2 pm @ OFPL’s Children’s Branch (200 W. Aztec Ave.). OFPL will provide a space where creative minds can give shape to their ideas, and help spread their passion. This month the focus is on origami and zoetropes as they discover animation! Email jwhitman@gallupnm.gov or call (505) 863-1291 for more information.

KIDZ CINEMA

1 pm - 3 pm @ Stuido123 at ART123 Gallery ((123 W. Coal Ave.). Kids ages 8+ are invited to spend the afternoon coloring, cutting, collaging, constructing and crafting!

2 pm every Saturday @ OFPL’s Children’s Branch (200 W. Aztec. Ave.) for weekly family oriented film screenings. This week’s movie is Mask (1985). Email bmartin@ gallupnm.gov or call (505) 863-1291 for more information.

CHESS CLUB

GALLUP 9TH ST. FLEA MARKET

KIDS CRAFTER-NOON

4:30 pm @ OFPL’s Children’s Branch (200 W. Aztec Ave.). Join the chess club at OFPL! Email pneilson@gallupnm. gov or call (505) 863-1291 for more information.

GET UP AND GAME

1 pm - 5 pm @ OFPL’s Children’s Branch (200 W. Aztec Ave.). Every Friday, come to the children’s library to unwind from a busy week! Email pneilson@gallupnm. gov or call (505) 863-1291 for more information. SATURDAY, MARCH 25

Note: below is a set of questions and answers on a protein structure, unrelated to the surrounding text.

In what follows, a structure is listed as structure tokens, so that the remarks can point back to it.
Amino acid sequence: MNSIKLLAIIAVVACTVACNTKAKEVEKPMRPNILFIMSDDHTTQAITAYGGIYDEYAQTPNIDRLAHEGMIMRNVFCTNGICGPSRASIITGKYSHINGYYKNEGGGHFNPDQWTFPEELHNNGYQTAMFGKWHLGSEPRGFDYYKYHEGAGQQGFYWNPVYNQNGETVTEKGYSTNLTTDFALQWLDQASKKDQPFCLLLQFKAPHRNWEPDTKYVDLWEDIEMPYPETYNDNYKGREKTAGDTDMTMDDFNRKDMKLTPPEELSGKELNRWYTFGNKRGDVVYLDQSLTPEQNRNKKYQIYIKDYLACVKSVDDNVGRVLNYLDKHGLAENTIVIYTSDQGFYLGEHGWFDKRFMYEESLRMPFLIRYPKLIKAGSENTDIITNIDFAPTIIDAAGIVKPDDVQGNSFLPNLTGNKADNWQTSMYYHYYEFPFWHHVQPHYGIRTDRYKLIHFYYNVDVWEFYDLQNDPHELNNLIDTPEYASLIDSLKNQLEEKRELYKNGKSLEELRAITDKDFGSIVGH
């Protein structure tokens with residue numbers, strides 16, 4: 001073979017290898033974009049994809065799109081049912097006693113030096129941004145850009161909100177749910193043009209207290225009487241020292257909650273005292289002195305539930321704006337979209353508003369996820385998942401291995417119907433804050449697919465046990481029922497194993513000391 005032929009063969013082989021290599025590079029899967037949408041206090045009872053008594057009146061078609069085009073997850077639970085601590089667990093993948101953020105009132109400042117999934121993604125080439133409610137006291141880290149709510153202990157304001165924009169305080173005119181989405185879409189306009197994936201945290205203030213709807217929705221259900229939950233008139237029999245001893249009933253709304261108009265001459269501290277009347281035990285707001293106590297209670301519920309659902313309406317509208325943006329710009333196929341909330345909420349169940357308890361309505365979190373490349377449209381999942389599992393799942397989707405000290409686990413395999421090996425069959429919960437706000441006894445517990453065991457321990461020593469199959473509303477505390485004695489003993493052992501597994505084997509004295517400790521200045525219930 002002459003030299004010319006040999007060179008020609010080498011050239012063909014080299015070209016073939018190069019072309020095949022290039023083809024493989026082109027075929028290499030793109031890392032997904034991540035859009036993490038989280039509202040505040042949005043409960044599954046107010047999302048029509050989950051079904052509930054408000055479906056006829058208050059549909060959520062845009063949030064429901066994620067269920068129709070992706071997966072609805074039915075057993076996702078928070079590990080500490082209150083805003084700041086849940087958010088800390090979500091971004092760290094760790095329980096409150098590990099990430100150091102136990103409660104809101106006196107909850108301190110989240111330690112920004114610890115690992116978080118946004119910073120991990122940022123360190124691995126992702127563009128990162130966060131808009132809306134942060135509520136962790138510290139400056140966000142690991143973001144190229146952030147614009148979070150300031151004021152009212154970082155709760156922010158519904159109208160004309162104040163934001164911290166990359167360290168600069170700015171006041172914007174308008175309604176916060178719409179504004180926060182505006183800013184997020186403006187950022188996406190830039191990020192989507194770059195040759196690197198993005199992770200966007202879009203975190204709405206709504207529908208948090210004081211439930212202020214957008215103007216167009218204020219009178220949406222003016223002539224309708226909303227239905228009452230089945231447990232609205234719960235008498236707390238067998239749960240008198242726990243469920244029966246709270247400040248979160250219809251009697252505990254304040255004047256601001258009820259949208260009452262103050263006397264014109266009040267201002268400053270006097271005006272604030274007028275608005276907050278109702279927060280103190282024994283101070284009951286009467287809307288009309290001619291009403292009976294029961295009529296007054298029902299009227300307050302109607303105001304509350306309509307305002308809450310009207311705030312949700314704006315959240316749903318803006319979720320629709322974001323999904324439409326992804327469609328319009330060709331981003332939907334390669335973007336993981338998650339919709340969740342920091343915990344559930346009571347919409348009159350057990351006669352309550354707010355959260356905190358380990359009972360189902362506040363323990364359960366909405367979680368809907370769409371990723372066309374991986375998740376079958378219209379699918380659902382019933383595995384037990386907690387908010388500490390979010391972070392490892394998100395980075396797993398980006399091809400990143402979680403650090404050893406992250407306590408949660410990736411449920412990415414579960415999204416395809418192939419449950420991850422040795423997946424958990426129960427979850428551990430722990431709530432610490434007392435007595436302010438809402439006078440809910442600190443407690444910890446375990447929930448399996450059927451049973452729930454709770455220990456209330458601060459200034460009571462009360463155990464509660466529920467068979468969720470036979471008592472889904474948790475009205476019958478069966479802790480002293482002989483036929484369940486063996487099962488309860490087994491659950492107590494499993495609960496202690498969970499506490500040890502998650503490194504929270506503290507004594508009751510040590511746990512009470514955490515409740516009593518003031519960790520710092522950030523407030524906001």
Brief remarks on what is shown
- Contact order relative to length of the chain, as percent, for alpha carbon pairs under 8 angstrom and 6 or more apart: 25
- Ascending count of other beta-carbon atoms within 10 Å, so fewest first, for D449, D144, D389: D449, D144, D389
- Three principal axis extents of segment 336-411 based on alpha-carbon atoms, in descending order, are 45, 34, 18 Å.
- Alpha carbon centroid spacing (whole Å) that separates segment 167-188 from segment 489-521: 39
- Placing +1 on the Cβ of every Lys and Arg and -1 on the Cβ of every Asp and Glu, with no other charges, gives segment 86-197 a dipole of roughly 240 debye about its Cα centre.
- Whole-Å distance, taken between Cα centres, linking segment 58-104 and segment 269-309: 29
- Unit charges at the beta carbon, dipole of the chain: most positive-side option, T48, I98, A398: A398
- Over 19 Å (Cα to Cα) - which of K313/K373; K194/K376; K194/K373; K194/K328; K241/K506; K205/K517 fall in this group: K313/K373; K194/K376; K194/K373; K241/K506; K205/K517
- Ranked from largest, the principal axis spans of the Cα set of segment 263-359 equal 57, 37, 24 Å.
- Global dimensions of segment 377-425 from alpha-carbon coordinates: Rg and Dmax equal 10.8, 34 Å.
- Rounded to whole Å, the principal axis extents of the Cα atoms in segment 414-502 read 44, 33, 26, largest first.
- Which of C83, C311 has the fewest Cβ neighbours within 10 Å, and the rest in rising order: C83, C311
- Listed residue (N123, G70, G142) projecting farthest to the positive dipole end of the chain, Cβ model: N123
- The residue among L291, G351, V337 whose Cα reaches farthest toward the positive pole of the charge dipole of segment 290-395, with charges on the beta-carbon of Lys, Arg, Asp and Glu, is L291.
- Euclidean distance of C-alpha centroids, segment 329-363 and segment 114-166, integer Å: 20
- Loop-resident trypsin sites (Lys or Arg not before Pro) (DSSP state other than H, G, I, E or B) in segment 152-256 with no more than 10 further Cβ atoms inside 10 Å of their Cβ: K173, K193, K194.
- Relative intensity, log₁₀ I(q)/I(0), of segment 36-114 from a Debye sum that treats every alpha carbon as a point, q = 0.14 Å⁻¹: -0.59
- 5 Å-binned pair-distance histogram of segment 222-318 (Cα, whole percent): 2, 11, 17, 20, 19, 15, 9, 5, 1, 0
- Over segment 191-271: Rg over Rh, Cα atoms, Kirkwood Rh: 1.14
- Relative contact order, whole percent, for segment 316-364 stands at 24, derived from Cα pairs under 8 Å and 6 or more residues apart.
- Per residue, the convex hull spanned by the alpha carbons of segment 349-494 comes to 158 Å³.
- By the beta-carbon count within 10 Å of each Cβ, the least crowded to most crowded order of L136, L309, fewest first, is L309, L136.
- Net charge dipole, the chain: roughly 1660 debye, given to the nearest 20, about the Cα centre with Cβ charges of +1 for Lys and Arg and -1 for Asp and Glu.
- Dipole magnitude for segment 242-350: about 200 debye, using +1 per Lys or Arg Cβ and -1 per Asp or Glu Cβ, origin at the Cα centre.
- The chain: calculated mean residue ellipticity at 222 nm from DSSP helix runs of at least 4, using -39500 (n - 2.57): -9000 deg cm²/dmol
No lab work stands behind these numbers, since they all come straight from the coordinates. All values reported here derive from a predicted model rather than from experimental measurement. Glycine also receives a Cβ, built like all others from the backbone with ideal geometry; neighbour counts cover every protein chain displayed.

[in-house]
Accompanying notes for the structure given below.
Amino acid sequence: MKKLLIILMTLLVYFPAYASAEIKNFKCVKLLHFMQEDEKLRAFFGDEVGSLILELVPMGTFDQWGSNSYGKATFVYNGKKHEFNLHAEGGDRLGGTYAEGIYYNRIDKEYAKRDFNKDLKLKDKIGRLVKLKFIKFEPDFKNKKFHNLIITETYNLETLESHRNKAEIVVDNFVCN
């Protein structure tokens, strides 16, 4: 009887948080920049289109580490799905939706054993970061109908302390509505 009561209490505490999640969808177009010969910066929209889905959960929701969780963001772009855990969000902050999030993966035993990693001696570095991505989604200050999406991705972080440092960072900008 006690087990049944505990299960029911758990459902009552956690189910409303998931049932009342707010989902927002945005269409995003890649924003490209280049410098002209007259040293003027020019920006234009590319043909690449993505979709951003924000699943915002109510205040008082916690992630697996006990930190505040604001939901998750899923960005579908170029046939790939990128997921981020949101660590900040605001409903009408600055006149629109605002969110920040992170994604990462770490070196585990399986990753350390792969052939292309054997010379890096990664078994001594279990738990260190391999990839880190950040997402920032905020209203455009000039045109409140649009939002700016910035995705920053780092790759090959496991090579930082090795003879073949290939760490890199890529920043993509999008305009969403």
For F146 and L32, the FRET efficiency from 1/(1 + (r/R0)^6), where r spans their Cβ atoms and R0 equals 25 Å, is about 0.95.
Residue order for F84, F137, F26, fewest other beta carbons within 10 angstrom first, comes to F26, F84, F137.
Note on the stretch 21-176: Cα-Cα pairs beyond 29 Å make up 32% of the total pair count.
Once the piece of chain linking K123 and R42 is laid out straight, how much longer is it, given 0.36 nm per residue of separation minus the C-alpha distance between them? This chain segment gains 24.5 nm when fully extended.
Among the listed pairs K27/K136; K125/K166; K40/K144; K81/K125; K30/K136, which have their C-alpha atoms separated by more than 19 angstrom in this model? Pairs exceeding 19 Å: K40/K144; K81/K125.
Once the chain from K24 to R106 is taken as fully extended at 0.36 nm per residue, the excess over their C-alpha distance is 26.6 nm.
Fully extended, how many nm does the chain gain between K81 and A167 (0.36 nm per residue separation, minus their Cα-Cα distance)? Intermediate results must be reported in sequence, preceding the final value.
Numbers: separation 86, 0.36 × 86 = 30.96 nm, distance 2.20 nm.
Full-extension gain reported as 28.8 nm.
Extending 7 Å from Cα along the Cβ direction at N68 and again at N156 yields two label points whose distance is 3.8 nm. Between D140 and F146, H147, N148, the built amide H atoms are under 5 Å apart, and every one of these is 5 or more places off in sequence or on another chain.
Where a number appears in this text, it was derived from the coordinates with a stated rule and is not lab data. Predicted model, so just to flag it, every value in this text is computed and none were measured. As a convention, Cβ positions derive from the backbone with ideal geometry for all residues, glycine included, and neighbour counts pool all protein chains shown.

VAGINA MONOLOGUES

6 pm @ El Morro Theatre (207 W. Coal Ave.). The Vagina Monologues is a play that explores consensual and nonconsensual sexual experiences, body image, and more.

COMMUNITY CONVERSATIONS WITH INDIGENOUS LIFEWAYS PART 2: HEALING

1 pm - 3 pm @ ART123 Gallery (123. W. Coal Ave.). Book-ending the month of CALENDAR

9 am - 5 pm @ 340 9th Street. The Gallup 9th Street Flea Market is one of the largest Native American markets in the United States. MONDAY, MARCH 27

FAMILY STORYTIME

11 am @ the Children’s Branch (200 W. Aztec Ave.). This week, the theme is “Planes.” Email bmartin@gallupnm.gov or call (505) 8631291 for more information.

EUREKA!

4 pm @ the Children’s Branch (200 W. Aztec Ave.). Learn how to build a train with no wheels using magnets! Email pneilson@gallupnm.gov or call (505) 863-1291 for more information. TUESDAY, MARCH 28

CHESS CLUB

4:30 pm @ OFPL’s Children’s Branch (200 W. Aztec Ave.). Join the chess club at OFPL! Email pneilson@gallupnm. gov or call (505) 863-1291 for

more information.